Also, LeeW, my observation too is that F/W is a bit faster overall.

I really appreciate the feedback, but I don't seem much consensus here.  Besides the questions I've asked, any other thoughts?

Thanks so much.....

Lee W, MVPConnect With a Mentor Technology and Business Process AdvisorCommented:
I prefer the non-enclosure option because:
1.  _I_ have control over the brand and size of drive used
2.  As a consultant, I can use my notebook with built-in firewire to attach this device to a client's hard drive and recover data/repair corruption.
3.  Easier warranty service for the drive.
4.  Quick - I have to change drives, I just shut off the Drive Dock and disconnect and reconnect.

I just took a quick newegg.com sampling of ATA drives.  I found that:
*MOST Western Digital OEM drives are 3 year warranty - retail drives are usually 1 Year.
*Maxtor drives are almost ALL 1 year
*Seagate drives are almost ALL 5 year
*Samsung drives are almost ALL 3 year
*Hitachi drives are split, roughly 50/50 between 3 year and 1 year.

I would, based on the warranty information, suggest a Seagate drive.  However, despite my apparent success, I would NOT recommend the MAXTOR's UNLESS you were setting up a RAID and could deal with a failed disk.  Even then, it would not be my preferred drive - again because of warranty.

The Drive Dock just connects to the IDE pins on the drive and has a power connector with it.  It really is that simple.  I've never had to set the jumper to master or slave, whatever it's setting, the drives have just worked.
WSCAuthor Commented:
Hmm.  Interesting.  I read somewhere recently that Maxtor was cutting its warranty to 6 months (PC Mag/PC World).   How do you get warranty service for a drive in a non-enclosure; don't you then have to install it to boot to a diskette to generate some error code the vendor will accept as evidence of drive failure?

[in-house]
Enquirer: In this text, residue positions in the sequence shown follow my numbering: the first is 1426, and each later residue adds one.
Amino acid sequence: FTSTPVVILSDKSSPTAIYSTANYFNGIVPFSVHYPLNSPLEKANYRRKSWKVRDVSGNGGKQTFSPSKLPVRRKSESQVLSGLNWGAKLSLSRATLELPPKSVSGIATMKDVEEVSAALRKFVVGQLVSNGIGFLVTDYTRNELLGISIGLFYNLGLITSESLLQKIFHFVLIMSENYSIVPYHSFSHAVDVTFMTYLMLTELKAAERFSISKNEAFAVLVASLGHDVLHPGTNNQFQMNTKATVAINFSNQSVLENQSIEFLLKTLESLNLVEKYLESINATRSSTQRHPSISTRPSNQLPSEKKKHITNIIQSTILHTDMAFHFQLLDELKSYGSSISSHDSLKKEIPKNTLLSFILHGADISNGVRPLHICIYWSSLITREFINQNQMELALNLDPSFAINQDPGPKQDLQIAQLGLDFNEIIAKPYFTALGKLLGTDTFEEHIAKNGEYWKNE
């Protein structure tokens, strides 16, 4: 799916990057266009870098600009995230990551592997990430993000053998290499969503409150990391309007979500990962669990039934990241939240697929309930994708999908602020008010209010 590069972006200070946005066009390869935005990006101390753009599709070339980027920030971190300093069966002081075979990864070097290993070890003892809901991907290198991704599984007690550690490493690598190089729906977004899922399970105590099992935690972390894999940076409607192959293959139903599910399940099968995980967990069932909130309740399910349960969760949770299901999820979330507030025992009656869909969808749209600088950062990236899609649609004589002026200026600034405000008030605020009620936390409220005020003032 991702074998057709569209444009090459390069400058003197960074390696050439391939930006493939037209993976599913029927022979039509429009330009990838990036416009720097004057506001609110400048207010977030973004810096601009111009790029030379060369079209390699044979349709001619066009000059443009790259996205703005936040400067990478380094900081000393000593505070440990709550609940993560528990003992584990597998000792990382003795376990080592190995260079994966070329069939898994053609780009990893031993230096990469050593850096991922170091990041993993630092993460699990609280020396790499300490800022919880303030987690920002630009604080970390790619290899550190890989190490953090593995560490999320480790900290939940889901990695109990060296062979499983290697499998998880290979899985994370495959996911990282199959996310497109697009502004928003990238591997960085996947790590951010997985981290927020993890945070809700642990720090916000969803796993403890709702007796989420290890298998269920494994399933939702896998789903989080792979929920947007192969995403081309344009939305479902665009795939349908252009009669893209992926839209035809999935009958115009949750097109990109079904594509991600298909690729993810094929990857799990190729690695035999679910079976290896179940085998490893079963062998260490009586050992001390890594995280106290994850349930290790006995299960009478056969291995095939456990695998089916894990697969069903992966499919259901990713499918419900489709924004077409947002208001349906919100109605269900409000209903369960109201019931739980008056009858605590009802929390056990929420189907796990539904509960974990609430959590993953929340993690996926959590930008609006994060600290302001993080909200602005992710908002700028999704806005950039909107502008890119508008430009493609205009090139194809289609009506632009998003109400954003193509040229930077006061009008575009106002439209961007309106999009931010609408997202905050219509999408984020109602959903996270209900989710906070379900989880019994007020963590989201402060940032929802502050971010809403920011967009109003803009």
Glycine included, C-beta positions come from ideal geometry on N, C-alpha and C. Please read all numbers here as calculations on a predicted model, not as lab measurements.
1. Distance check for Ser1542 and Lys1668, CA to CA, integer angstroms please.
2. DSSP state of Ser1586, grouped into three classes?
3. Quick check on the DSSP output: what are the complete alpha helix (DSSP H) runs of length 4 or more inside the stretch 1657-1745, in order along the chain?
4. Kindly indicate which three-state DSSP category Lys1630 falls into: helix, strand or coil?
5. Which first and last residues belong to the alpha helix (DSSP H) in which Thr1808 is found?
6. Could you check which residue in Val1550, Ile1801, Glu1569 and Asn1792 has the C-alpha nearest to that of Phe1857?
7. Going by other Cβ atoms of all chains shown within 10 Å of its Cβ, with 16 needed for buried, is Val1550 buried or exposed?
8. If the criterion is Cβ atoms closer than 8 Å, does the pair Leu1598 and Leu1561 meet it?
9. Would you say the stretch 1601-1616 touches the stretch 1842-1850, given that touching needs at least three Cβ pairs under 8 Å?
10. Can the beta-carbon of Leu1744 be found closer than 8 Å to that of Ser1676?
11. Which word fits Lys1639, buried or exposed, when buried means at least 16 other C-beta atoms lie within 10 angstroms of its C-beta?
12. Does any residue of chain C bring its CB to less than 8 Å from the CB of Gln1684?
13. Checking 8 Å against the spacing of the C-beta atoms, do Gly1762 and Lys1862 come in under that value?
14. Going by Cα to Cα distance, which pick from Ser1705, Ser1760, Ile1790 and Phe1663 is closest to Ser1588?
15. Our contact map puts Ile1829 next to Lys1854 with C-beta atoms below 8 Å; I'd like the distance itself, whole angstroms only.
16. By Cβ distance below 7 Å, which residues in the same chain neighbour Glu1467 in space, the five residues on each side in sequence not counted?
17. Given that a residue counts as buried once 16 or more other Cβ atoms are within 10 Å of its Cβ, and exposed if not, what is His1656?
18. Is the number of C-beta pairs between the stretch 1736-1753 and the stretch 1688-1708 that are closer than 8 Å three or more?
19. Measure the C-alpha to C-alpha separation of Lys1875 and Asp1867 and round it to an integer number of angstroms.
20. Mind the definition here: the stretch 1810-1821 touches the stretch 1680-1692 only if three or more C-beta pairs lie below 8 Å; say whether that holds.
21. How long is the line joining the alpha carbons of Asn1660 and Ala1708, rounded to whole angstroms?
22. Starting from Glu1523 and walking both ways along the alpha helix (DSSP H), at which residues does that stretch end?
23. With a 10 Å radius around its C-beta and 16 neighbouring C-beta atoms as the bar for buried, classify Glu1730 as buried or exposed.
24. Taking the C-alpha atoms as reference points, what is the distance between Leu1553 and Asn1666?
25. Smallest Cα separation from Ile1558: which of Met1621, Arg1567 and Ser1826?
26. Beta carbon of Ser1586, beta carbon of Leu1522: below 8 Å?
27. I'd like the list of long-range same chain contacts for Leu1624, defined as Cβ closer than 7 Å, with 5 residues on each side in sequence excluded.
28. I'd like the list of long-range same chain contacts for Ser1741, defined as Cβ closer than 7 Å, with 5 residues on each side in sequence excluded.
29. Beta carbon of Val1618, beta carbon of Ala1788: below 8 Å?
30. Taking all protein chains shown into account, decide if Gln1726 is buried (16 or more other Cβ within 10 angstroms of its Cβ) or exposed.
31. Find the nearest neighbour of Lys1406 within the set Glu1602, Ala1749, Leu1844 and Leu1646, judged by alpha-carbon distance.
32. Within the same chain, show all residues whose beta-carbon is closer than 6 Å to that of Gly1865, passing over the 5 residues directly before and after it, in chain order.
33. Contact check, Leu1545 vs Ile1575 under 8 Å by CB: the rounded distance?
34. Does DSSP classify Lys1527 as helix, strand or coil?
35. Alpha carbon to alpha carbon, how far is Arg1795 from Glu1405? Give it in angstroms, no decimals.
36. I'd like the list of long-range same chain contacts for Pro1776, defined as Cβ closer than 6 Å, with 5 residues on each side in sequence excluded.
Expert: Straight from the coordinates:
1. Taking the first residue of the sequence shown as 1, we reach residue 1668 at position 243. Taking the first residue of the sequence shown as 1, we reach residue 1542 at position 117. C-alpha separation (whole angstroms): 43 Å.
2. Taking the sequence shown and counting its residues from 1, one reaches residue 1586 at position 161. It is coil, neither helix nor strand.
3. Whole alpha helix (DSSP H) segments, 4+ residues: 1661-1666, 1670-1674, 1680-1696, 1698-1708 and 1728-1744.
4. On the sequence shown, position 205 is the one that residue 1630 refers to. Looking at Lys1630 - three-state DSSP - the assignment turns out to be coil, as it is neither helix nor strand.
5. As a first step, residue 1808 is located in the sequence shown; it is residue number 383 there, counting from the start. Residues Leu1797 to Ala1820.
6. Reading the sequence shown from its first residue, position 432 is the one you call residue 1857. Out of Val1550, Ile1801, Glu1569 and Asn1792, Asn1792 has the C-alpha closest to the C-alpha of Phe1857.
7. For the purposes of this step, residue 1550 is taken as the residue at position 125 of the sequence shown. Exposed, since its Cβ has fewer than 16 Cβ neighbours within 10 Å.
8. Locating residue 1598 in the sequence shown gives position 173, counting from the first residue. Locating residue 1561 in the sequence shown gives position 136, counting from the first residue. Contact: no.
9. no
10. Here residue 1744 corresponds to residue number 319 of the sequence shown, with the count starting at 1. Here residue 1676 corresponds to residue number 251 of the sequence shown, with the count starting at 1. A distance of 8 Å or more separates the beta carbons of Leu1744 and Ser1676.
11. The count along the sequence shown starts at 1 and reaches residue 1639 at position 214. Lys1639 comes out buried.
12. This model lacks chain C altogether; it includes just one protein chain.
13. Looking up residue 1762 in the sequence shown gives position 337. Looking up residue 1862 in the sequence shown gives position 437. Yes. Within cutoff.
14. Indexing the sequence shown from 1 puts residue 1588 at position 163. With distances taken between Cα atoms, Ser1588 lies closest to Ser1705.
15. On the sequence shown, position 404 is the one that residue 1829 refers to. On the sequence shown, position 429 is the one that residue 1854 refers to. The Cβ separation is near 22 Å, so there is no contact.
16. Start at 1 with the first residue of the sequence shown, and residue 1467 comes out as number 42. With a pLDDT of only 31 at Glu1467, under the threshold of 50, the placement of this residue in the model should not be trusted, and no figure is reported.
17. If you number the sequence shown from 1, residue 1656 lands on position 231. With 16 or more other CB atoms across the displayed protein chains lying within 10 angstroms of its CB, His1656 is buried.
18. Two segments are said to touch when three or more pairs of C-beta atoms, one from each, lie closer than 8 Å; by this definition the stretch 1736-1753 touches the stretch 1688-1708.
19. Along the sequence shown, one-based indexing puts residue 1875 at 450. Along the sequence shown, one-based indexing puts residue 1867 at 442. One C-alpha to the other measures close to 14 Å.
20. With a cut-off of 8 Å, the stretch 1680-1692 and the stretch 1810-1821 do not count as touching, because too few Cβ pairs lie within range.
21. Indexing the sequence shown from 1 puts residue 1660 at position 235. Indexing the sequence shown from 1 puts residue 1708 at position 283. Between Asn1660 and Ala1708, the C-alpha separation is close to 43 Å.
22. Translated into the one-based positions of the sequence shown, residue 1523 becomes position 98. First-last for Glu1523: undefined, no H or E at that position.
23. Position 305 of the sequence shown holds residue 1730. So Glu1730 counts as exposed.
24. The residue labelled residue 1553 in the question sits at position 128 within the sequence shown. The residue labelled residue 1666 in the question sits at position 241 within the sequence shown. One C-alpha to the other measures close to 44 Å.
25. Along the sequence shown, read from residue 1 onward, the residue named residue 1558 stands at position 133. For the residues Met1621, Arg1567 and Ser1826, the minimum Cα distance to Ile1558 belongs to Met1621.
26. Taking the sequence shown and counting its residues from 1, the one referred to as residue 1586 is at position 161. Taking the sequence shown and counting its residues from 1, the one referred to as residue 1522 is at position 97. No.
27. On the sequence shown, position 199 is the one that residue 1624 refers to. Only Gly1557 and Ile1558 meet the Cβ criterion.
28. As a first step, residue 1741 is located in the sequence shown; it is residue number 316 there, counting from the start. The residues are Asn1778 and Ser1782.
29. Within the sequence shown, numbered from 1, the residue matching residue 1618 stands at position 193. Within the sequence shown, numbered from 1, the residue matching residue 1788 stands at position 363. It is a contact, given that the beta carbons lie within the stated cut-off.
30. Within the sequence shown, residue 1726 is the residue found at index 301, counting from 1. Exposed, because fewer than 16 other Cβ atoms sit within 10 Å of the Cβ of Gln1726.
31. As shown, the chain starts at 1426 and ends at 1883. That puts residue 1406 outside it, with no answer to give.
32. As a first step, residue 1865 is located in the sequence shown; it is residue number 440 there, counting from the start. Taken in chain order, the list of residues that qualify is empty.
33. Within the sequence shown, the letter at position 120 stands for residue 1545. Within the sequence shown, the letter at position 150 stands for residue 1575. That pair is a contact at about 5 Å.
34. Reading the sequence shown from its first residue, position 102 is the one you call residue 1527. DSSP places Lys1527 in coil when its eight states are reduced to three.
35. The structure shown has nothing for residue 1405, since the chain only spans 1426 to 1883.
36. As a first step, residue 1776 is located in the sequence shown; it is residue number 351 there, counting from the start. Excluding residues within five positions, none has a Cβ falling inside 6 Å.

Since I'm not a consultant, I don't need the quick switch, but I can easily see its appeal for you.

All Seagate externals at newegg.com were 1 year warranty.  Odd.

PC Mag rated the Seagate external performance as mediocure.  http://www.pcmag.com/article2/0,1759,1639521,00.asp

No experience with SimpleTech?  Great price, warranty, and size. I just have no experience with them.  Any knowledge of them?

Lee W, MVPTechnology and Business Process AdvisorCommented:
To be clear, the seagate drives with 5 year warranties were for internal use only.  NOT the external models.

Warranty service - with Western Digital is EASY - AMAZINGLY easy.  Just go to their web site and fill out a very SHORT form and they give you an RMA number and you ship the drive back, then they ship you a new one - or do a cross shipment with a credit card and ship it back in the box with the new drive they send you.  You never have to speak to anyone or otherwise "justify" the return beyond a 30 character explanation (which is WAY too short if you ask me, but how they've done things).